My grandmother (born in 1900), often spoke of Spring-cleaning in her younger years. The indoor walls were covered with soot from winter pollution. The 1920 Wasatch Front population was 273,775 (29 per square mile).
Automobiles were a luxury item and most people used animals for transportation. The warmth of a fire meant you could live to see a better, cleaner day.
In 2010, the Wasatch Front had a total population of 2,133,909 (228 per square mile). People no longer need to clean off the black soot that covered everything in the '20s. Why? Because, despite having eight times the 1920 population (and pretty much every person above age 16 drives an automobile), we burn much cleaner than we did in the '20s.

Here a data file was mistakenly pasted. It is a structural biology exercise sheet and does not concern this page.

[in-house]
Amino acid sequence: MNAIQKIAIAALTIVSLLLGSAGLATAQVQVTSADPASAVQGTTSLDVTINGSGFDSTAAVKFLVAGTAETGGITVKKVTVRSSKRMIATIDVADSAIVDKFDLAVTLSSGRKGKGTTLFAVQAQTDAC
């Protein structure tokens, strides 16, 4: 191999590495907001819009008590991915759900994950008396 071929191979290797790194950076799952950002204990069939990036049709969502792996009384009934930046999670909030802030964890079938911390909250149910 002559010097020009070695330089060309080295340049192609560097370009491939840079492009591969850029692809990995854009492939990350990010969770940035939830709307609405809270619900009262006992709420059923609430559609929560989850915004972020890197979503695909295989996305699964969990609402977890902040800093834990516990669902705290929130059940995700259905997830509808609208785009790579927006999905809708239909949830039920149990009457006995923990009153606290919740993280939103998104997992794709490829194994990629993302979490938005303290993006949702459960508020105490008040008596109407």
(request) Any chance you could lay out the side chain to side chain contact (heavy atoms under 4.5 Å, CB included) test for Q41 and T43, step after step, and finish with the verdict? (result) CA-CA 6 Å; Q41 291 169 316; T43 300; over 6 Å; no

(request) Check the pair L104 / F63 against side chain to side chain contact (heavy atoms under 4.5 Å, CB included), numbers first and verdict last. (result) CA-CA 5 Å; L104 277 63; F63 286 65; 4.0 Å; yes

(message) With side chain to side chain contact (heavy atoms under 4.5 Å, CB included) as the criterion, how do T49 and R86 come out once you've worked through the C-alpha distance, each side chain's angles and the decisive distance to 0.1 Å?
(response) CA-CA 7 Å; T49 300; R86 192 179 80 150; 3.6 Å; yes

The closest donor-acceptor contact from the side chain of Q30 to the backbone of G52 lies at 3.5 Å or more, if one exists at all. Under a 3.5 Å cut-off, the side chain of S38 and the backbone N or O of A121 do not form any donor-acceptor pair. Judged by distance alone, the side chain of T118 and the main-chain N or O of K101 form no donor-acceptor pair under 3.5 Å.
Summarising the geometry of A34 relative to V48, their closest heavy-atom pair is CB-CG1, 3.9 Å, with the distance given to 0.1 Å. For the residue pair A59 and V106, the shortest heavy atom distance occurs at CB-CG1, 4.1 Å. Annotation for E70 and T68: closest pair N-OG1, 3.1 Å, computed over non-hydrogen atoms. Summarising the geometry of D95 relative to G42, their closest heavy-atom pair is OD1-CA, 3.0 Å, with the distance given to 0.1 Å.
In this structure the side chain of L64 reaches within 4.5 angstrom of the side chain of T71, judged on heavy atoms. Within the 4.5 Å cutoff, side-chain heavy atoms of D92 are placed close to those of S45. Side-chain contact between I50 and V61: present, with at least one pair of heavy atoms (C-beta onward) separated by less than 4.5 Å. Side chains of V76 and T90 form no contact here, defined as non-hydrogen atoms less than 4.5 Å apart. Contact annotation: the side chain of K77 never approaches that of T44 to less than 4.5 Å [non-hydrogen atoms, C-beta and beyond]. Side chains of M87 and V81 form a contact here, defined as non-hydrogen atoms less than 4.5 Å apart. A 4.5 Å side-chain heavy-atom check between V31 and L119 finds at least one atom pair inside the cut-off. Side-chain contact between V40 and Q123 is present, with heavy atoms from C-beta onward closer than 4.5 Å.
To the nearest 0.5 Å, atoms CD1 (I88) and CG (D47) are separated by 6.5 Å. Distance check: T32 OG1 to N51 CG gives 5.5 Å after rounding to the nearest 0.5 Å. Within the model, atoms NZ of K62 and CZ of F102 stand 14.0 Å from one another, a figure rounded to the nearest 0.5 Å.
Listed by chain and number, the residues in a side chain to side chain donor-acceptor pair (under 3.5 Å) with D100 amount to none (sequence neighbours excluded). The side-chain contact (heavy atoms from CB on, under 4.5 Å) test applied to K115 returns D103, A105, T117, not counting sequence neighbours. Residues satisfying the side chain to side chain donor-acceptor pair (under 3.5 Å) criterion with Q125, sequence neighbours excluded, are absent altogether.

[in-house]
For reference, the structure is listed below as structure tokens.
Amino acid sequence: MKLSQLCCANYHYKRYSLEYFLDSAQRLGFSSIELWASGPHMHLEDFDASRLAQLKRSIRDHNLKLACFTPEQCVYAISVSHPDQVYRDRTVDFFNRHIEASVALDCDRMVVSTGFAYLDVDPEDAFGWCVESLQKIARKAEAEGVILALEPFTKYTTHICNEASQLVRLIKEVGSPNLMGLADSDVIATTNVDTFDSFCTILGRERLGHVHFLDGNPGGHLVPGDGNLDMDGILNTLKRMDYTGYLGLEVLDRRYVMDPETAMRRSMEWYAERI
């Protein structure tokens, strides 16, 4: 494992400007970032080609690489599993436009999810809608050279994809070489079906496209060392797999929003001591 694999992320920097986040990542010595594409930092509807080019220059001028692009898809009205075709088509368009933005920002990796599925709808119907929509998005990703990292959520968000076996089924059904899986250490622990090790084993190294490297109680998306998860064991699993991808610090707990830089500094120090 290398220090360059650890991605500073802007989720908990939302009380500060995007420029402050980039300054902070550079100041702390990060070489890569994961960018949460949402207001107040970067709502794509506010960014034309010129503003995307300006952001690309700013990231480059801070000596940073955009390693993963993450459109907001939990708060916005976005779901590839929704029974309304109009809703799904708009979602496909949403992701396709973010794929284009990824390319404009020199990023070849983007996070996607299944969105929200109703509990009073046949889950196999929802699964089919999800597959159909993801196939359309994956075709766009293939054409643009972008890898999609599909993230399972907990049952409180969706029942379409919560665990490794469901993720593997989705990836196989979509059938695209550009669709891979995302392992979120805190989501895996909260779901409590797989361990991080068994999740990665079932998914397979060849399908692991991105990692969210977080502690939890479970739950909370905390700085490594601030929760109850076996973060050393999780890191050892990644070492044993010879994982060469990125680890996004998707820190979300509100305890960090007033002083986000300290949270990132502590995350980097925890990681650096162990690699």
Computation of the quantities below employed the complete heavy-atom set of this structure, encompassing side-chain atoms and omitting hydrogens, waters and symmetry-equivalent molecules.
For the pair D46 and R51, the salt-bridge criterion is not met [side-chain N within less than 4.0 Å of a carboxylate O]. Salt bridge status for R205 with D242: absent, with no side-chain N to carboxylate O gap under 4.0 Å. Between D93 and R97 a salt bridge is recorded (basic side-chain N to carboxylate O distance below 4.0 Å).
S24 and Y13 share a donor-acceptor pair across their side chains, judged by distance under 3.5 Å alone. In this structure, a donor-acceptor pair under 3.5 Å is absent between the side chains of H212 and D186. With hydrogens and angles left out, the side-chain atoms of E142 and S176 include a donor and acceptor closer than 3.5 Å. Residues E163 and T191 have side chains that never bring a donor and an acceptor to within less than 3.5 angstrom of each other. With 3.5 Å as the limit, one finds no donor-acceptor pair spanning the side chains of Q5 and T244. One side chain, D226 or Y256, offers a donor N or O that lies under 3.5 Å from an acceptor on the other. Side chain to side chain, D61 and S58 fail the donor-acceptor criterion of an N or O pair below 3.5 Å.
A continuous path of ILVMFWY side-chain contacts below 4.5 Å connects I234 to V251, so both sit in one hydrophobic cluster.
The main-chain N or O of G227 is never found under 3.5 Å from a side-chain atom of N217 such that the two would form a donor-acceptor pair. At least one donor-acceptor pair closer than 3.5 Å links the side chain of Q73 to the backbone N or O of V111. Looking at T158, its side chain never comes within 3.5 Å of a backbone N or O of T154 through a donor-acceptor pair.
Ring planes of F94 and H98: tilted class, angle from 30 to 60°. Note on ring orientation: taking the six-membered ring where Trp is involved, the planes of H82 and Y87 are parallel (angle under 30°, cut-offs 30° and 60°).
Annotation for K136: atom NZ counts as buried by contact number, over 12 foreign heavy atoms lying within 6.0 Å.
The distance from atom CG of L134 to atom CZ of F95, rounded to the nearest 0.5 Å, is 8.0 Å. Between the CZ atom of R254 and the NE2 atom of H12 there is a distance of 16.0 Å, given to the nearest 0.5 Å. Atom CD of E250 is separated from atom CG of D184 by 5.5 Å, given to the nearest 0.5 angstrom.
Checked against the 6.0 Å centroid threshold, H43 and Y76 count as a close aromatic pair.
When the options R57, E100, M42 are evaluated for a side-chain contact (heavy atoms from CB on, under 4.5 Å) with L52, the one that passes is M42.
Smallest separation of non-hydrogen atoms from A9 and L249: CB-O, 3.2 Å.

It also means that despite having a very rural population in 1920 the inversion wreaked havoc on air quality. We cannot prevent the inversions. Despite the giant growth Utah has experienced, we've cleaned our air.
Government cannot legislate the air quality desired by environmentalists without adverse economic results. Besides, only a massive reduction in population will reduce pollution levels during the inversion season and that is not reasonable.